Tuesday, September 4, 2007

Avoiding Behavioral Bottlenecks

What Goes Wrong? (By Bill Wagner)

Great employees are almost impossible to identify during the traditional selection and screening process. It’s a sobering fact that most terminated Fortune 500 CEOs lasted less than five years in their jobs. Yet these same corporate failures were once touted as the best fit for the firm. What went wrong? This is not an academic question, but a matter of real dollars and cents to growing companies.

According to the Saratoga Institute, the costs associated with executive/employee turnover are significant, sometimes double or even quadruple an executive’s annual salary. The soft costs – lost productivity, additional recruiting, interviewing, training, and acclimating new hires to the corporate culture – are bad enough. The hard costs of lost sales, poor customer relations, expensive relocation bills, and missed opportunities can negatively affect the company’s bottom line. It gets worse. Without behavioral expectations in place, hidden costs mount, especially when new employees may not become fully productive for six or more months.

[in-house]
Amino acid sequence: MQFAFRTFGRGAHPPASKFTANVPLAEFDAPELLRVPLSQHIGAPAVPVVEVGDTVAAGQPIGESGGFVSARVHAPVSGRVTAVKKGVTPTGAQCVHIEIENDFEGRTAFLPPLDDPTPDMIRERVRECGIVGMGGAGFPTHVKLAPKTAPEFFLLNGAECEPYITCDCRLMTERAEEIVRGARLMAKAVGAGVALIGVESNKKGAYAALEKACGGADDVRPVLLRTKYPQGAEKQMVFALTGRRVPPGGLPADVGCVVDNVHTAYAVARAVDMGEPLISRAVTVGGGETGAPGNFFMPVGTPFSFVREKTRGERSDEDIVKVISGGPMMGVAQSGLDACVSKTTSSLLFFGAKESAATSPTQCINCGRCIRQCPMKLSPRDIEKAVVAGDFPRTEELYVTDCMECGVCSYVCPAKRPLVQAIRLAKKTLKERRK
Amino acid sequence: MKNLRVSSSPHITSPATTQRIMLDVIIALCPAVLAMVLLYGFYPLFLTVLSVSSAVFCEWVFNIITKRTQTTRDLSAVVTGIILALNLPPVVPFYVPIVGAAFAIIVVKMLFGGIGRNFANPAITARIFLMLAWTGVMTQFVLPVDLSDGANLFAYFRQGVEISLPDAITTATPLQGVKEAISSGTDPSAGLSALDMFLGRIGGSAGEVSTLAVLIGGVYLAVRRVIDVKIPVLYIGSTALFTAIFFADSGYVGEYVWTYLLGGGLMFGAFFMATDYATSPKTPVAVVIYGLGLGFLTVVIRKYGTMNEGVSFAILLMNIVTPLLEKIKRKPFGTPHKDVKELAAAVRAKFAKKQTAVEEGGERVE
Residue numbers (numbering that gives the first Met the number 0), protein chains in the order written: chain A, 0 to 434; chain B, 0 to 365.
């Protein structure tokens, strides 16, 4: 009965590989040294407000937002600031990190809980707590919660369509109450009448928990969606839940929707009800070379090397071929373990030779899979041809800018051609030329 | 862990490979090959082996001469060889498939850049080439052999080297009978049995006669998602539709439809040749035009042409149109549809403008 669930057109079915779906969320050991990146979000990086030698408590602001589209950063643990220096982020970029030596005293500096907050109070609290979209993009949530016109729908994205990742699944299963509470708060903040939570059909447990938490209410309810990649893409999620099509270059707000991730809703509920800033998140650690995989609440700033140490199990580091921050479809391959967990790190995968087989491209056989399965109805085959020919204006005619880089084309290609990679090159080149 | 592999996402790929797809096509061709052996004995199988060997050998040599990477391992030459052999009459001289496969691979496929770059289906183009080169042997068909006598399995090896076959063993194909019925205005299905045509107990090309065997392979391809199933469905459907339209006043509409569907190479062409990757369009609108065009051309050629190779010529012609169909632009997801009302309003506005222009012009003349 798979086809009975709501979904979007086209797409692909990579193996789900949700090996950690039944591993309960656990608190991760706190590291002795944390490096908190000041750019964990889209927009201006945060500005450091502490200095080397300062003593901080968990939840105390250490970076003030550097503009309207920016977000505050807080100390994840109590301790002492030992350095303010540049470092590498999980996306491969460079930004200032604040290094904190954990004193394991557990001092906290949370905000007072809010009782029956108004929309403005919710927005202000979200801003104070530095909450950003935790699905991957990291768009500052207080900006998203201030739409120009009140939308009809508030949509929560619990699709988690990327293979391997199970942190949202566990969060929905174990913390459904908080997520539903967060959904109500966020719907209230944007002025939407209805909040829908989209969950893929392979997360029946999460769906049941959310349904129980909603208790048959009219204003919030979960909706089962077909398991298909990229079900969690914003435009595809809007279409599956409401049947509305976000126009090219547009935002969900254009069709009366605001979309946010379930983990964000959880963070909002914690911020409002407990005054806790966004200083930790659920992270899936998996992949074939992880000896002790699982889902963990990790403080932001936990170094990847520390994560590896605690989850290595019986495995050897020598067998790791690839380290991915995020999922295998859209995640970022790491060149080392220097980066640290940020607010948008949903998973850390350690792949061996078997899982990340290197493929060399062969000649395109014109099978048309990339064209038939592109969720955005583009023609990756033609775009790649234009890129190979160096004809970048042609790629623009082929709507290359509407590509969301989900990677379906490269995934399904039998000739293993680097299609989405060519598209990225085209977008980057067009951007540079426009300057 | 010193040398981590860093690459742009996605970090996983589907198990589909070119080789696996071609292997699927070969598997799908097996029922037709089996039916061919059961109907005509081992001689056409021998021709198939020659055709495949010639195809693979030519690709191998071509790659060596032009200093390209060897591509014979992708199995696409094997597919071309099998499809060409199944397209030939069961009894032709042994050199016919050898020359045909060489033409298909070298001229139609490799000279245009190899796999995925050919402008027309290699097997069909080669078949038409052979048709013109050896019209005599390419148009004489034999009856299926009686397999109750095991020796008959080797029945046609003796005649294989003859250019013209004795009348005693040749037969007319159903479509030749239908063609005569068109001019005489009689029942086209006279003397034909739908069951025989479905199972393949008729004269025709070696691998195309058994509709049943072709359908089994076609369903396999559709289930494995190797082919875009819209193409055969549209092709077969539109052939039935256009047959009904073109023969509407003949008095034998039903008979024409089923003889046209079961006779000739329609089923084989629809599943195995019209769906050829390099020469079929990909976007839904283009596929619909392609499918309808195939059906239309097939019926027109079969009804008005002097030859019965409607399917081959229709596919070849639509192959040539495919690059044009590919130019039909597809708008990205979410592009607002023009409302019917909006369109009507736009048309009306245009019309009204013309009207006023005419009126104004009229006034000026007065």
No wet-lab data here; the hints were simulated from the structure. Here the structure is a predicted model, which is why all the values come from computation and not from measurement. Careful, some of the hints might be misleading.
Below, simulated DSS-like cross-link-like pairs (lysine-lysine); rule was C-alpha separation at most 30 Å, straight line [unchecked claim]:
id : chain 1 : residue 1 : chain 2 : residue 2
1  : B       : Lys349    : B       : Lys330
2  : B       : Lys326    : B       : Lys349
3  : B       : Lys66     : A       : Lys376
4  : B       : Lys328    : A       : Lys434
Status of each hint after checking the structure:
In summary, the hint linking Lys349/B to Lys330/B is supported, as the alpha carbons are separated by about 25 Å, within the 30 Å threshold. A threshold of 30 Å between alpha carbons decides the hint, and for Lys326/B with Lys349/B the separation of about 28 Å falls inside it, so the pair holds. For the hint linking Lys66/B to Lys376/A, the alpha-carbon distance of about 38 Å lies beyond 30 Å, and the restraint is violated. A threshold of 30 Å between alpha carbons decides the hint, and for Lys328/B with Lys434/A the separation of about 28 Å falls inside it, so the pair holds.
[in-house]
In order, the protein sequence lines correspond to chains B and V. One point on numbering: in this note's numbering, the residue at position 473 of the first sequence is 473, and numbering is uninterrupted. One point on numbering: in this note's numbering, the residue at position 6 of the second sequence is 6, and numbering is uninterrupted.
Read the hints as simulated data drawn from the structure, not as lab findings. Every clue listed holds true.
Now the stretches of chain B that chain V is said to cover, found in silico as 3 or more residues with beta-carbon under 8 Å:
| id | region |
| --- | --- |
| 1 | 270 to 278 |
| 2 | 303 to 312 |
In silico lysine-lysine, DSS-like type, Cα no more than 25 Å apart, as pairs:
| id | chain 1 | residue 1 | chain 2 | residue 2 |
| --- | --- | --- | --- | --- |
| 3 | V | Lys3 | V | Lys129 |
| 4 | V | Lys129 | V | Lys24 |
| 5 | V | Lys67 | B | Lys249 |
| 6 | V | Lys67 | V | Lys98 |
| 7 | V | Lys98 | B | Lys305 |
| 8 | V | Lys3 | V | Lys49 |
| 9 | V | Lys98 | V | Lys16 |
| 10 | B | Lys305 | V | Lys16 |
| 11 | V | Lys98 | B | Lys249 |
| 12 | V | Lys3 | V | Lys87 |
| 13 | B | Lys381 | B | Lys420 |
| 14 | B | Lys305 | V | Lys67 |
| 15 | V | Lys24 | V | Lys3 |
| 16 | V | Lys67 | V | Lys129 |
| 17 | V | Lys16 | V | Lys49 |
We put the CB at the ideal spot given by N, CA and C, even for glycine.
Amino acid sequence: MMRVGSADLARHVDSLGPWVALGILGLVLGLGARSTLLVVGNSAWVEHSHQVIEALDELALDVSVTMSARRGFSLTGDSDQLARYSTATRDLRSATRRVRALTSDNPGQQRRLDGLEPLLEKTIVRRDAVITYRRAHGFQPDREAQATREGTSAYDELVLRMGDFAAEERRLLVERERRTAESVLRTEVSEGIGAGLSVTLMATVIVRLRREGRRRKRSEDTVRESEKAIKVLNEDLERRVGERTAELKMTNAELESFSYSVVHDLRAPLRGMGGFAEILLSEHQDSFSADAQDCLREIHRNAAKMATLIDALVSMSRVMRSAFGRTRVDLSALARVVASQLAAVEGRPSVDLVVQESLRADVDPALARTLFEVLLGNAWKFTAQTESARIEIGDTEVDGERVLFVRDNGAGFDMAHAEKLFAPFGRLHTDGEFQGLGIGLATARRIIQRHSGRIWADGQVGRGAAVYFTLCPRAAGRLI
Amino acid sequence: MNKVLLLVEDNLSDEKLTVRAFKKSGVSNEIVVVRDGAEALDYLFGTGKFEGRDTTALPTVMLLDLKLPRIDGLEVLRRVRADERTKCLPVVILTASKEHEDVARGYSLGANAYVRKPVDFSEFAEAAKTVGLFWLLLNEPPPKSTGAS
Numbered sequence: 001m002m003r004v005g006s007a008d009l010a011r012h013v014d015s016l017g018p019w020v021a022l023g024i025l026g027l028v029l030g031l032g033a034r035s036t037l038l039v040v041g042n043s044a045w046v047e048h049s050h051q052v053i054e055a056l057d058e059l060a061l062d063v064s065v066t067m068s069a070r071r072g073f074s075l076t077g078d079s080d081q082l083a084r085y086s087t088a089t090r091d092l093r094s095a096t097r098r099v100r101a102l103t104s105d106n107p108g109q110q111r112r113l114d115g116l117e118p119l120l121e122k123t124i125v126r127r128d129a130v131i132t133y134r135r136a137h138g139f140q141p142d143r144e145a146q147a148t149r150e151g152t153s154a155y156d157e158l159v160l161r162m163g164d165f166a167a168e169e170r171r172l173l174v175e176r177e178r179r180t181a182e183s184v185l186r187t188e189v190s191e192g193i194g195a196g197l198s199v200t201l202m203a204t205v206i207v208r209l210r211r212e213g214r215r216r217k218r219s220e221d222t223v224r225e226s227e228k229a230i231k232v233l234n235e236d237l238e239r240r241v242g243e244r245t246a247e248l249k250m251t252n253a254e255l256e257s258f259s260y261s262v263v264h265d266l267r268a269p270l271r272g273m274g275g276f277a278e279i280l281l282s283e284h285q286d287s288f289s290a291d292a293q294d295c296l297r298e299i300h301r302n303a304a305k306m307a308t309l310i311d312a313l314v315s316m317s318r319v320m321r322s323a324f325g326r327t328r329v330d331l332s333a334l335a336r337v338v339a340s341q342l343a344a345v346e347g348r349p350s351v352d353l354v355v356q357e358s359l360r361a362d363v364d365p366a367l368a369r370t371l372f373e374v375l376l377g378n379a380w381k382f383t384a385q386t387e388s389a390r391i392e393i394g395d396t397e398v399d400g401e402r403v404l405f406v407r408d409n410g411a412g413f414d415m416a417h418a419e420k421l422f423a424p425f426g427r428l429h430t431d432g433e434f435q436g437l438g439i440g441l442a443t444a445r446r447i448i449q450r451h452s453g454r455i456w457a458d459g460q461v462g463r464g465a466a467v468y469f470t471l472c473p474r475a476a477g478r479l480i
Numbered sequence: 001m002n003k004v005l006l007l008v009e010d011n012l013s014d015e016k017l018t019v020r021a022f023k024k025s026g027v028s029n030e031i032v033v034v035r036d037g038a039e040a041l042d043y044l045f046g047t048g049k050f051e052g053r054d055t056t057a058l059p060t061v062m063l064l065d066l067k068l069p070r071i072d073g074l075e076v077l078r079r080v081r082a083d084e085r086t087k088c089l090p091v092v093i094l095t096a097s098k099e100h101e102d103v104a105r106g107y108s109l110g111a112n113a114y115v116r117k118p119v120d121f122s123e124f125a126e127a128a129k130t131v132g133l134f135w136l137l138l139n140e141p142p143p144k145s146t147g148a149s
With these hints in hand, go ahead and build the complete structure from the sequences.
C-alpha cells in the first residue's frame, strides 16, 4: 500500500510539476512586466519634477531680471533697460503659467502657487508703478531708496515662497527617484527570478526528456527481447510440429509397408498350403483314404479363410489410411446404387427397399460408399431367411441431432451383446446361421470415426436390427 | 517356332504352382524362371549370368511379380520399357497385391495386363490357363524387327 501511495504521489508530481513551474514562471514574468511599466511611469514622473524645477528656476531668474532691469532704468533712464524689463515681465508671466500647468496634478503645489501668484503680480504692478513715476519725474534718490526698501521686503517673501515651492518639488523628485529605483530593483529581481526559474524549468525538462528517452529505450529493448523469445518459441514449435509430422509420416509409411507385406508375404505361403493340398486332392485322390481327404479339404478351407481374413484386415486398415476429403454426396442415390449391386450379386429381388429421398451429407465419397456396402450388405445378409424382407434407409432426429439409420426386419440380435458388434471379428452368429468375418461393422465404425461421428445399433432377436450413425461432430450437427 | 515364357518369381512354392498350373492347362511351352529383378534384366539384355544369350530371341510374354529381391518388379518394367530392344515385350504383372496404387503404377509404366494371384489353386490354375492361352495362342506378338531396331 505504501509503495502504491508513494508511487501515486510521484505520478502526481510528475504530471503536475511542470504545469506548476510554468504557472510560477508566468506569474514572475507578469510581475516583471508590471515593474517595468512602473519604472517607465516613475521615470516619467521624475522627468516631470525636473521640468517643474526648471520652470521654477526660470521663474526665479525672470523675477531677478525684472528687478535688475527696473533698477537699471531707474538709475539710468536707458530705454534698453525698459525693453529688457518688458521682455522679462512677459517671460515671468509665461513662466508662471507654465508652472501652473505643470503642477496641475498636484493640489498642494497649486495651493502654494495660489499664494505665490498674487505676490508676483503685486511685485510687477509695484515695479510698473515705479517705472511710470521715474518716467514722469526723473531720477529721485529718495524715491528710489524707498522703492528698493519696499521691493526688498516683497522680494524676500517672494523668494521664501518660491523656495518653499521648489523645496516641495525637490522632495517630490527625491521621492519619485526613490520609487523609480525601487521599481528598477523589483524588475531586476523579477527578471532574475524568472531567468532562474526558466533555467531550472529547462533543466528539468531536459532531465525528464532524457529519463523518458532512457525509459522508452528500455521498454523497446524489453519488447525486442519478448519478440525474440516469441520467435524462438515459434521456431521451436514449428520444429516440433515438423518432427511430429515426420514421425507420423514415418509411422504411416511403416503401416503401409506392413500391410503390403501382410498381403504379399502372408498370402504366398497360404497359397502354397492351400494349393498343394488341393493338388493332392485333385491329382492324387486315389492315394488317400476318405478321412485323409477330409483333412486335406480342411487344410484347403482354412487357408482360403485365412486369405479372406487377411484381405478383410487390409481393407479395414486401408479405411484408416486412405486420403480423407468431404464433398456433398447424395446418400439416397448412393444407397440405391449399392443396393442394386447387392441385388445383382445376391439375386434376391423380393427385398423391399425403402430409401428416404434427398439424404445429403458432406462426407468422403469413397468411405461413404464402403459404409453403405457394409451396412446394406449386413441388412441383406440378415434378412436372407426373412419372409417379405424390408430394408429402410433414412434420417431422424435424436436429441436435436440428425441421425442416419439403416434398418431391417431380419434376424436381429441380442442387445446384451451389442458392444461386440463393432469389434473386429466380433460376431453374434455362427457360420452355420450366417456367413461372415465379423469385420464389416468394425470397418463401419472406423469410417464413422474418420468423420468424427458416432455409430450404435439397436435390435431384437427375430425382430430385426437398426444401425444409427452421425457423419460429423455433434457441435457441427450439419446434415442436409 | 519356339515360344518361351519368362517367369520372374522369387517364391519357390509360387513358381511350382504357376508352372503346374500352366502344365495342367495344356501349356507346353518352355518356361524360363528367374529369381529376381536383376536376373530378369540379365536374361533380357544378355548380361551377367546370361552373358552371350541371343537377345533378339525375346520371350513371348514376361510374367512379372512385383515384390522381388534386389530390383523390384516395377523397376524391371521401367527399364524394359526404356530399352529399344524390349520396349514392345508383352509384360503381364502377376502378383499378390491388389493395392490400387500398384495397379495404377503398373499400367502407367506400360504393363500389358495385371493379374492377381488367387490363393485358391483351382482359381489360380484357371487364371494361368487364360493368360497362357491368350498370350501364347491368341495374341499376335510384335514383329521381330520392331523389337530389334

How can companies reduce or eliminate the mistakes of selecting or promoting the wrong people for the job? The response is deceptively simple. It is to identify, recognize, and measure the behavioral requirements of the position and then compare those requirements with the behavioral attributes of the applicant or incumbent.

Once companies buy into this straightforward, simple, proven process, they are armed with valuable information that affects future productivity. They’ll learn that leaders are often born, not made, and that each position has specific behavioral requirements that are equally (if not more) important than certain skills, education, and experience. This discovery leads to stronger behavioral alignment inside the company, and incorporating behavioral assessments in the recruiting process significantly improves the bottom line.

(2003 Handbook of Business Strategy)

Bill Wagner is CEO of Accord Management Systems, located in Thousand Oaks, CA. The firm assists companies with the implementation of behavioral assessment techniques. www.AccordSyst.com / www.TheEntrepreneurNextDoor.com

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